Having been out of work for 26 months allowed me some spare time to take better care of myself.
I will neither bore nor gross you out with details of what discovering multiple stones in both kidneys entailed. A fair amount of my “leisure time” was interrupted by visits to my urologist Dr. Oh, having x-rays taken, and undergoing two procedures to get rid of the larger stones. Thank you, President Obama, for allowing me to pay only 35% of my COBRA insurance premiums or I would have had to face the choice of passing the stones without help or losing our house.
The summer of 2010 also found me feeling my age. Despite riding my bike on a much more regular basis during the summer months, often my back was killing me. When I passed a person handing out questionnaires about Chiro One in the local Walgreens, I walked past and then turned around, thinking how could this not be a good thing to investigate? I filled out the form and was contacted about my condition. I visited the local store and for $40 got x-rayed further north of where I’d been getting x-rayed for the stones. I negotiated a fee split between me and my insurance with the nice people at the Wheaton Chiro One. I began my therapies on a three-days-a-week basis.
It’s important to admit here that I also gave myself permission to do this. Not having enough time was not a viable excuse. (A story for another time, but I also spent more than a year doing very little about my weight despite cholesterol and hypertension.) Permission was essential to this process.
I developed a routine for the next 12 weeks: get adjusted, perform 10 minutes of stepping, repetitions on a Precor Stretch Trainer that worked my back in various ways, sit on the Wobble Board and try to remain balanced, and walk about like the Frankenstein monster in a Cervical Traction Brace. If you go to their Website, you won’t see this contraption since it looks like something left over from the Spanish Inquisition. And a cursory search on the name hasn’t shown me anything quite like the device used at Chiro One.
Yes, one voluntarily accepts this torturous routine after hearing your best friend on occasions over the years tell you to walk straight, fully concerned about a tendency to lean my head too far forward. It takes more than that to overcome bad posture, sad to say. The routine changed over several more months and I was down to two times a week. Had it not been my insurance coverage expiring, I would have been down to once a week and could have continued for another five months before full-time work interrupted. The traction brace evolved to a different kind of torture, reclining in a chair with a set of weights attached to my forehead and pulling down with head arched back for ten minutes a sitting.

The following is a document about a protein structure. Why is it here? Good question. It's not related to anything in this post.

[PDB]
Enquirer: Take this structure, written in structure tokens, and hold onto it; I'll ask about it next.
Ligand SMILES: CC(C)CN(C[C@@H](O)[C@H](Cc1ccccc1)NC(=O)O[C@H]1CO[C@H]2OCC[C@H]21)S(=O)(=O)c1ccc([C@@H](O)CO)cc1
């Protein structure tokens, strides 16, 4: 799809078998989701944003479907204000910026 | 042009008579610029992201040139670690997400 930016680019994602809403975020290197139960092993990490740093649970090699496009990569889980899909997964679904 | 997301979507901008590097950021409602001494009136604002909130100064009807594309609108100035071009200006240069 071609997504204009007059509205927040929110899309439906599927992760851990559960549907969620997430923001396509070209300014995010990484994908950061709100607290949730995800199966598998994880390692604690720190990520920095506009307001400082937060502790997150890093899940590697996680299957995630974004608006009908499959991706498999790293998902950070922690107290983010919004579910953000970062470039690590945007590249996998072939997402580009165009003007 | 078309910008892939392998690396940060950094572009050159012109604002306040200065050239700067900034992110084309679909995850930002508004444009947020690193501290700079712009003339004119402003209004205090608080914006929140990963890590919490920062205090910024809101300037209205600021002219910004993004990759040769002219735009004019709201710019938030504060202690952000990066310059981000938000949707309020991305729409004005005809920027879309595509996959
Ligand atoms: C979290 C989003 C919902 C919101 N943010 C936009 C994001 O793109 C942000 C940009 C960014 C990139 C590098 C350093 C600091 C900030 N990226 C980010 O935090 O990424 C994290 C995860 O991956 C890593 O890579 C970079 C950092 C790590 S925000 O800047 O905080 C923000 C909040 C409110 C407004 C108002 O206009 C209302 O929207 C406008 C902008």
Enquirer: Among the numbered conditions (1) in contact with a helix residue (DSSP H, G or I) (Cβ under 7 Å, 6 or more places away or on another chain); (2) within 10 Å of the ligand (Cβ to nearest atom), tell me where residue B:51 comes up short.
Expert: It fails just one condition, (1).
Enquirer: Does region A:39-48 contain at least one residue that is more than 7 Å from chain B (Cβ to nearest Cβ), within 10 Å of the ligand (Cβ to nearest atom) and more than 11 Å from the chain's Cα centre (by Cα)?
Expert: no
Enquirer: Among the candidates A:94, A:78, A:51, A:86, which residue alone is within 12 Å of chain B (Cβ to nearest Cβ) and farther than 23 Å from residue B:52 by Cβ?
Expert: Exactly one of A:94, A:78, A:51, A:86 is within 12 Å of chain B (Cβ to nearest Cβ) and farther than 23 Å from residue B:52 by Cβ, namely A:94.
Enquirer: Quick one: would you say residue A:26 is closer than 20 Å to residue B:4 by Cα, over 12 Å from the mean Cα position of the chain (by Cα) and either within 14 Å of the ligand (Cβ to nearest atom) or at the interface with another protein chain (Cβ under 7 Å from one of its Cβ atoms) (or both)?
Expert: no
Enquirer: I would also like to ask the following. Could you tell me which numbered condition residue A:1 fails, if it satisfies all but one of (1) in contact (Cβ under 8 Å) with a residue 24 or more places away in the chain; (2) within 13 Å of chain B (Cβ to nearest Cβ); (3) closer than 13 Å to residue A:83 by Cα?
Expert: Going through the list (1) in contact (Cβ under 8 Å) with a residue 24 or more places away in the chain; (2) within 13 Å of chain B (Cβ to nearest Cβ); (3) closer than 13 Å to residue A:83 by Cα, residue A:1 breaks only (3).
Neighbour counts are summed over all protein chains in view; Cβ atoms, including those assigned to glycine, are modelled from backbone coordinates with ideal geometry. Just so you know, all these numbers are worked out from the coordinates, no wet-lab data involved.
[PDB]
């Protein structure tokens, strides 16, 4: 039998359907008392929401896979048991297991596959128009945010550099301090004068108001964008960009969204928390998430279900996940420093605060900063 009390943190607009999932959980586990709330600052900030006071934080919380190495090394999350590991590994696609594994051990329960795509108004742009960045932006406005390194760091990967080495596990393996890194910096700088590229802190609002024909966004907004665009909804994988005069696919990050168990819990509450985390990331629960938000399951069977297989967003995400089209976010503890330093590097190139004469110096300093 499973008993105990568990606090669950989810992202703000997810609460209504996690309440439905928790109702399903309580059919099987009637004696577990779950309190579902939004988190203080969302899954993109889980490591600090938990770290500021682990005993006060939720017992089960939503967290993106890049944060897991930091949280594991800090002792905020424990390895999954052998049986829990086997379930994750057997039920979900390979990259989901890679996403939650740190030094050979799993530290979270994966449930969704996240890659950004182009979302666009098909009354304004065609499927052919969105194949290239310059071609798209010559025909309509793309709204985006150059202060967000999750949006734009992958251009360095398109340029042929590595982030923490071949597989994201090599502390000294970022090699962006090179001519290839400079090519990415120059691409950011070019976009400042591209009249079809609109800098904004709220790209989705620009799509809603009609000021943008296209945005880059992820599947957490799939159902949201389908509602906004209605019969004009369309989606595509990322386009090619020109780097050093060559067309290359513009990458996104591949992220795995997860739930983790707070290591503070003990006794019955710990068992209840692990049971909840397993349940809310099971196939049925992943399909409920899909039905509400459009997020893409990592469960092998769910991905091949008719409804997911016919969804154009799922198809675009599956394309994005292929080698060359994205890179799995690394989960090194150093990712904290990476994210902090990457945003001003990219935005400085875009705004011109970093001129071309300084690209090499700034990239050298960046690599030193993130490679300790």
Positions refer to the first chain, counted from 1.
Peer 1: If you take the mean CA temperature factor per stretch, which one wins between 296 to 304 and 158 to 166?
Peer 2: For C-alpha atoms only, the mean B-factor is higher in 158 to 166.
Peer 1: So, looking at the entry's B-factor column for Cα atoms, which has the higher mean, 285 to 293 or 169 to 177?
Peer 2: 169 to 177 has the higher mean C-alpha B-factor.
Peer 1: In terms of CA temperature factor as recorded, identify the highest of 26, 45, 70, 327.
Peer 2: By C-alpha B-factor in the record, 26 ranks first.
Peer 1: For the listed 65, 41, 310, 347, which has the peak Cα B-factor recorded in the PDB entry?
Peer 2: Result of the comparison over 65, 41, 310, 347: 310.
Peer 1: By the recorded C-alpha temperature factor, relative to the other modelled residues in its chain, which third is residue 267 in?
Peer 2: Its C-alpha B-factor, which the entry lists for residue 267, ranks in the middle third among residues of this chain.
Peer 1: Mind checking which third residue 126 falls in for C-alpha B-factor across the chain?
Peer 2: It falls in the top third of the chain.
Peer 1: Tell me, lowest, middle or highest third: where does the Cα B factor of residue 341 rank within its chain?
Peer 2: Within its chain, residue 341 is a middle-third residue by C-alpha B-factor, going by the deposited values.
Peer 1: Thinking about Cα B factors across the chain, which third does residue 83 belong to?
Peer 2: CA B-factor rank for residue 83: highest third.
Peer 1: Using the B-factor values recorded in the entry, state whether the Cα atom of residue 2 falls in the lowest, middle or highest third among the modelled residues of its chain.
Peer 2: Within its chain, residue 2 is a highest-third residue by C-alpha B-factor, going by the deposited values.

The cervical traction brace is the one experience that has stayed with me, particularly as I walk to and from the train station. Dr. Melanie would watch us wander about the studio for ten minutes and correct our foot alignments or other postural imperfections. All of these activities were not going to restore the inch in height I have lost since I was a younger man, but my posture has improved immensely due to the year of rehabilitation my spine underwent in this chiropractic program.
I had homework in the form of other stretching exercises, some of which I still remember to perform once or twice a week, with the exception being neck stretching that I do as often as twice a day, and no less than once every two days. It has all worked together so that I have that image and those words in my present-day mind when I walk to and from work with my head back and shoulders straight, my toes pointing forward, my neck curved so as to absorb the mild shocks of walking upright better. It feels good.
If I forget, I have plenty of examples of people walking hunched over their cellphones or just plain hunched over, to remind me that I need to stand up straight.
At one point in my job search, I was a finalist for a position at the Illinois Medical Society. A poster in the dark-wood lobby proclaims one of the benefits of membership is the lobbying campaign against chiropractors’ efforts to get spinal examinations as part of school health programs in Illinois. My experience with chiropractic makes me think I would not have been happy with that “benefit.” I hope they fail. I have come to believe that spinal health is essential. Having stated that, however, I am not sure I can go back to Chiro One because their hours of operation aren’t congruent with my working day. Nevertheless, I am grateful.
When I entered into the realms of uncertainty that losing one’s job can cause, I opened myself to the possibility that I wasn’t in charge of my life. Taken as a matter of faith, I assumed that God was in charge and that His plan was the better one, even if it wasn’t all that clear what it was. Part of what I had learned through the Christos Tending the Holy program, which I mentioned in a previous article, was to hold things lightly, particularly the contradictions of this life. It appears that one aspect of the plan included making sure that when I returned to the workforce, I was in good enough shape that it wouldn’t kill me. With the beauty of 50/50 hindsight I look back and see what a wonderful plan it was.